Jack Winters, descendant of Nicholas, has been experiencing nightmares and blackouts—just the beginning, he believes—of the manifestation of the Winters family curse. The legend says that he must find the Burning Lamp or risk turning into a monster. But he can't do it alone; he needs the help of a woman with the gift to read the lamp's dreamlight.

Jack is convinced that private investigator Chloe Harper is that woman. Her talents for finding objects and accessing dream energy are what will save him, but their sudden and powerful sexual pull threatens to overwhelm them both. Danger surrounds them, and it doesn't take long for Chloe to pick up the trail of the missing lamp. And as they draw closer to the lamp, the raw power that dwells within it threatens to sweep them into a hurricane of psychic force. Click here to view video


tcw said...

I read Sweet Starfire and Crystal Flame just a couple years ago. They're both very awesome. Severance delivers the MAIL.

Alexis Morgan said...


Just so you know, I have Shield's Lady, Crystal Flame, and Sweet Starfire on my keeper shelf and have since they first came out. I still love those books.

And I would really, really love to have a dust bunny of my very own to keep me company!

Alexis Morgan

Lori Brighton said...

It's so great to read your story and advice. I've always loved your books and so appreciate everything you've done for the romance world.

Lisa Kessler said...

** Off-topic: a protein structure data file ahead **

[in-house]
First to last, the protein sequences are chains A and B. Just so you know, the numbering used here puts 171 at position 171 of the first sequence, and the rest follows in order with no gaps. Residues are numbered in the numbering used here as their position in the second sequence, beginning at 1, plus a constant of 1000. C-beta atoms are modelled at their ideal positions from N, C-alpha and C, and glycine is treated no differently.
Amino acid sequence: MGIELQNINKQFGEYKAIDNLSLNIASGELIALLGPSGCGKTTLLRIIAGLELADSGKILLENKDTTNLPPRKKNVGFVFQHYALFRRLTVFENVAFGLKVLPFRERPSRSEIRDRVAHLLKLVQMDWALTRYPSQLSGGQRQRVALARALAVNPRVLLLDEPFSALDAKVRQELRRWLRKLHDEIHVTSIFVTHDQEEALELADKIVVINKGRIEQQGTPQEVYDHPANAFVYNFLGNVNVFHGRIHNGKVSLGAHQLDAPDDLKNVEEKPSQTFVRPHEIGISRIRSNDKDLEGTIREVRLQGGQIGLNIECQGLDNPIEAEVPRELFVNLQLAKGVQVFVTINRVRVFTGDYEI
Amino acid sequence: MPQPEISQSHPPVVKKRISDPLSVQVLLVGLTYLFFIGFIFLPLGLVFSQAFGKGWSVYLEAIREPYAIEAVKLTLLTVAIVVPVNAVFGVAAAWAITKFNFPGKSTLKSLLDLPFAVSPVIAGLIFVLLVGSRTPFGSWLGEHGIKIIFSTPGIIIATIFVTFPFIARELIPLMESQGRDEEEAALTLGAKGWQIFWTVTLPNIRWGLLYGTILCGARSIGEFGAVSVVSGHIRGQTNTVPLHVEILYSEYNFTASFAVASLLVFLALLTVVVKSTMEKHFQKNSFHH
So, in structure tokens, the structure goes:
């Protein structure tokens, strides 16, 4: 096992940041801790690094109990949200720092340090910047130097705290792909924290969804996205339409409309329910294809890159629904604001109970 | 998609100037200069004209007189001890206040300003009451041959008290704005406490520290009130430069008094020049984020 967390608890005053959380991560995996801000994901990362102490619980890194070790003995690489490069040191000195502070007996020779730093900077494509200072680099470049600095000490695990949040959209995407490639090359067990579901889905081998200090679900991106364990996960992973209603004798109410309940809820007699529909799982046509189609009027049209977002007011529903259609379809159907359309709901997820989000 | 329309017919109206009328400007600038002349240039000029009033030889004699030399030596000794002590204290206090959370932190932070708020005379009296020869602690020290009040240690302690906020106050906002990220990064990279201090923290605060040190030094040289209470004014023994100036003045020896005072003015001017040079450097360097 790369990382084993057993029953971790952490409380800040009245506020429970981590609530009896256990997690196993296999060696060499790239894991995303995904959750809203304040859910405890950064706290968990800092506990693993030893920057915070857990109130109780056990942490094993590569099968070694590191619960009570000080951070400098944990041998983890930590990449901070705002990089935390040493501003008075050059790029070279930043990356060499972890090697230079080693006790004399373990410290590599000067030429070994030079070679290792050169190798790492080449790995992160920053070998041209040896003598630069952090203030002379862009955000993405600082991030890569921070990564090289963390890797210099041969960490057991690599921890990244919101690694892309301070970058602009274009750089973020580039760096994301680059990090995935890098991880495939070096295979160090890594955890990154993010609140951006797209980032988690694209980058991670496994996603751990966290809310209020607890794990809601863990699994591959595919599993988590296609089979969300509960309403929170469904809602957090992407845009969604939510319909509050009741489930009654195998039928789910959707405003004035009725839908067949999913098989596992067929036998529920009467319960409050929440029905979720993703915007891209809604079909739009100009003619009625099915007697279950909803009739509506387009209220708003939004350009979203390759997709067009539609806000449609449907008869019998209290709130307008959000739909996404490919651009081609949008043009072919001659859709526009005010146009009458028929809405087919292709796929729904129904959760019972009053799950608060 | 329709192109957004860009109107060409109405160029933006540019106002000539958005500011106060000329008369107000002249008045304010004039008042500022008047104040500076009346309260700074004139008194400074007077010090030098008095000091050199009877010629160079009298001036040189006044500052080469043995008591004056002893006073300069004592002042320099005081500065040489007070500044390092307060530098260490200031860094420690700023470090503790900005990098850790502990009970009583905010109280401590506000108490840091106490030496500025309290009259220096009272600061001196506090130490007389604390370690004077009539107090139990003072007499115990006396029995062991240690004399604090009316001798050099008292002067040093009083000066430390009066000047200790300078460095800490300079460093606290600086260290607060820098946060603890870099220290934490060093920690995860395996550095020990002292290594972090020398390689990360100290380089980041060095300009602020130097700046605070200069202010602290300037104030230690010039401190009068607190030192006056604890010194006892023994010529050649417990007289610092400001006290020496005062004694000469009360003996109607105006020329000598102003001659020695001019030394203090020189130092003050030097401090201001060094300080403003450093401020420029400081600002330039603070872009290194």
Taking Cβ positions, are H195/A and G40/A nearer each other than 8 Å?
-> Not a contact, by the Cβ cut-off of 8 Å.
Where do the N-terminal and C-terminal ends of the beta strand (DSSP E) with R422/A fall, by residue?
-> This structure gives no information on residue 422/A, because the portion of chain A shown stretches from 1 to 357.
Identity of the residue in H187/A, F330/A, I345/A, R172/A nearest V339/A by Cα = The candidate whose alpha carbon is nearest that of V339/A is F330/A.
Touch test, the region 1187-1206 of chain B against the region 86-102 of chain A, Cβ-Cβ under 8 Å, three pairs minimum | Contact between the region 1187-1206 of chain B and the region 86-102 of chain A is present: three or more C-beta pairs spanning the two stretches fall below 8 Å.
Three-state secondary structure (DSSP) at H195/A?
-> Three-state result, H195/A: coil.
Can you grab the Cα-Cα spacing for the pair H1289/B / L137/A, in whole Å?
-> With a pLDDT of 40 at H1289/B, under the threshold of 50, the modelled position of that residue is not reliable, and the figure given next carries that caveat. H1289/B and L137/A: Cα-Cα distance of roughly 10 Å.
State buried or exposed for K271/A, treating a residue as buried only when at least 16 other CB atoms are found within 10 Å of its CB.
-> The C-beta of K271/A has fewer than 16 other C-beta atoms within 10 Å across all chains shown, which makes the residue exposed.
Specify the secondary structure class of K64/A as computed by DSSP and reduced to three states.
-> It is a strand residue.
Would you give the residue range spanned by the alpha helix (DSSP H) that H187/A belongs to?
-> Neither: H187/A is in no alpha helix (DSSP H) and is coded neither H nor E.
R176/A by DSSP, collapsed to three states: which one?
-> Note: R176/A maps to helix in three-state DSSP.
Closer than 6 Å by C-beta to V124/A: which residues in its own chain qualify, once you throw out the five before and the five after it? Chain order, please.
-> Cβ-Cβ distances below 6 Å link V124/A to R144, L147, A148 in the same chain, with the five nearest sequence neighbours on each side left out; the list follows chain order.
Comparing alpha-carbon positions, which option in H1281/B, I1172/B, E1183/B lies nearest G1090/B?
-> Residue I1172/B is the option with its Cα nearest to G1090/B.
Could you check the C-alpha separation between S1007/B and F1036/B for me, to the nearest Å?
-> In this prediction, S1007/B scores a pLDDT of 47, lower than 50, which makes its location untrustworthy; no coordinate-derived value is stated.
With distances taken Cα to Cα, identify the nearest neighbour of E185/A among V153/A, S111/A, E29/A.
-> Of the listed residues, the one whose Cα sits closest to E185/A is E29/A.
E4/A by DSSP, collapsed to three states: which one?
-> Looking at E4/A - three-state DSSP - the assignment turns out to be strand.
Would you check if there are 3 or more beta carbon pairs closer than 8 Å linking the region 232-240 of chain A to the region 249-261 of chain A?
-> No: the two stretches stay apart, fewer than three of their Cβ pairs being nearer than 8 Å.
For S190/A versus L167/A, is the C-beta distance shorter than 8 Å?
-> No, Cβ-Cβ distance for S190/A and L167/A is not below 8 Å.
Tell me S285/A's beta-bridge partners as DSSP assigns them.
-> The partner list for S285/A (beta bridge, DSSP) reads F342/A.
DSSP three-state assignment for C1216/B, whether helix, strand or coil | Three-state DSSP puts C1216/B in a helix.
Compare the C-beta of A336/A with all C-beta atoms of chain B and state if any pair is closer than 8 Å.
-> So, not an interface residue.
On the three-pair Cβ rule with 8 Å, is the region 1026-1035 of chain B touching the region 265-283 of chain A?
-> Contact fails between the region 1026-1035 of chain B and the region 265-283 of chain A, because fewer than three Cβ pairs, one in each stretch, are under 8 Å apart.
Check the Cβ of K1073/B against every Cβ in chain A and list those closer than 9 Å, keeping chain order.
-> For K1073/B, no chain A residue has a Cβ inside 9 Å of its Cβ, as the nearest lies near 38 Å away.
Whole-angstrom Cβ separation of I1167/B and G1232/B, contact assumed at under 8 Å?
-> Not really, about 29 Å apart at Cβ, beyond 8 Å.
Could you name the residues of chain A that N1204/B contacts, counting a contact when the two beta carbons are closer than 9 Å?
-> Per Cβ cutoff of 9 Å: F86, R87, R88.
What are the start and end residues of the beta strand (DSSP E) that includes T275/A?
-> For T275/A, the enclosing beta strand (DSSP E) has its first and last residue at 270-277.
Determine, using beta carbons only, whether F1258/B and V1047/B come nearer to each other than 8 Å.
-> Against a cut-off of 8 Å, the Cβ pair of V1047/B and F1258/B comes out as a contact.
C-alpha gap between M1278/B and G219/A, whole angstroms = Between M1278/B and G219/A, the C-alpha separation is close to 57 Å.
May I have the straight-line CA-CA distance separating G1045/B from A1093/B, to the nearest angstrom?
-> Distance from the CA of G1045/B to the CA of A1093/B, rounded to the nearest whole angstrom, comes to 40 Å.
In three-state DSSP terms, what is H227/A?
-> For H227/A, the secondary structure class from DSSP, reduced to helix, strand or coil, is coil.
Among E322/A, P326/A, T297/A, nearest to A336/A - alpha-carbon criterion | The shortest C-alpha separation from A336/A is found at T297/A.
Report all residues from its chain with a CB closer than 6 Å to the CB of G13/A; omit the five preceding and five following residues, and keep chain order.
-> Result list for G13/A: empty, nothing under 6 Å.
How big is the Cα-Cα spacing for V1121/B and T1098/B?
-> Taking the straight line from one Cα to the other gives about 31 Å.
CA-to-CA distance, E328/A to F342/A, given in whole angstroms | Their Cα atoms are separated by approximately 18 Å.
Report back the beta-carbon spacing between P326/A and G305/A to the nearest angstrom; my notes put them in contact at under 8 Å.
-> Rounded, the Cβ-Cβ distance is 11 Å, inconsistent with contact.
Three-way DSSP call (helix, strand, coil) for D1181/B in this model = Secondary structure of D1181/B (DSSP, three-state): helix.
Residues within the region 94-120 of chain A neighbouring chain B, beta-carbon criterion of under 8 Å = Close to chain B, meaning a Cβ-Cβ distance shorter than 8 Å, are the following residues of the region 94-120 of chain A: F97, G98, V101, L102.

Ha! I had no idea you were also Amanda Quick! LOL I feel like sucha dork! :)

This was a great blog! Thanks so much for sharing your stories! Perseverance is always inspiring...

Lisa :)

Katie Hines said...

I've loved Jayne Ann Krentz's stories from the get go, and have read her pseudonym also. I'm always looking for the new one that she has out. It's a read I can always find thrilling.

Boone Brux said...

I am a huge fan of the Ghost Hunter series. The alien world is unique and your descriptions are wonderful. I'm pretty sure I was a kick-ass trap tangler in a past life.

Thanks for the career advice. I know it will be incredibly helpful once I have an actual career.

Linda Wisdom said...

Great post Jayne and very true!

Sometimes the detours take us in interesting directions but with determination you end up where you want to be. And you definitely did!


LLRosser said...

I also have Shield's Lady, Crystal Flame, and Sweet Starfire on my keeper shelf. I bought them when they were first published. Regardless of which pen name used, I think I have every single title you've ever had published. I do enjoy your books.

I had wondered why you wrote under so many different names. I like the way you take an ordinary job and make it interesting.

Paisley Kirkpatrick said...

I had the great pleasure of helping Jayne one year during the author signing at national. She is such a great lady and getting to meet her was one of the highlights of my time at nationals. I have always been a fan and applaude her "never-give-up" attitude. My bookshelves are graced with many of her books. What great advice to follow. Thanks for the great blog.

Edie Ramer said...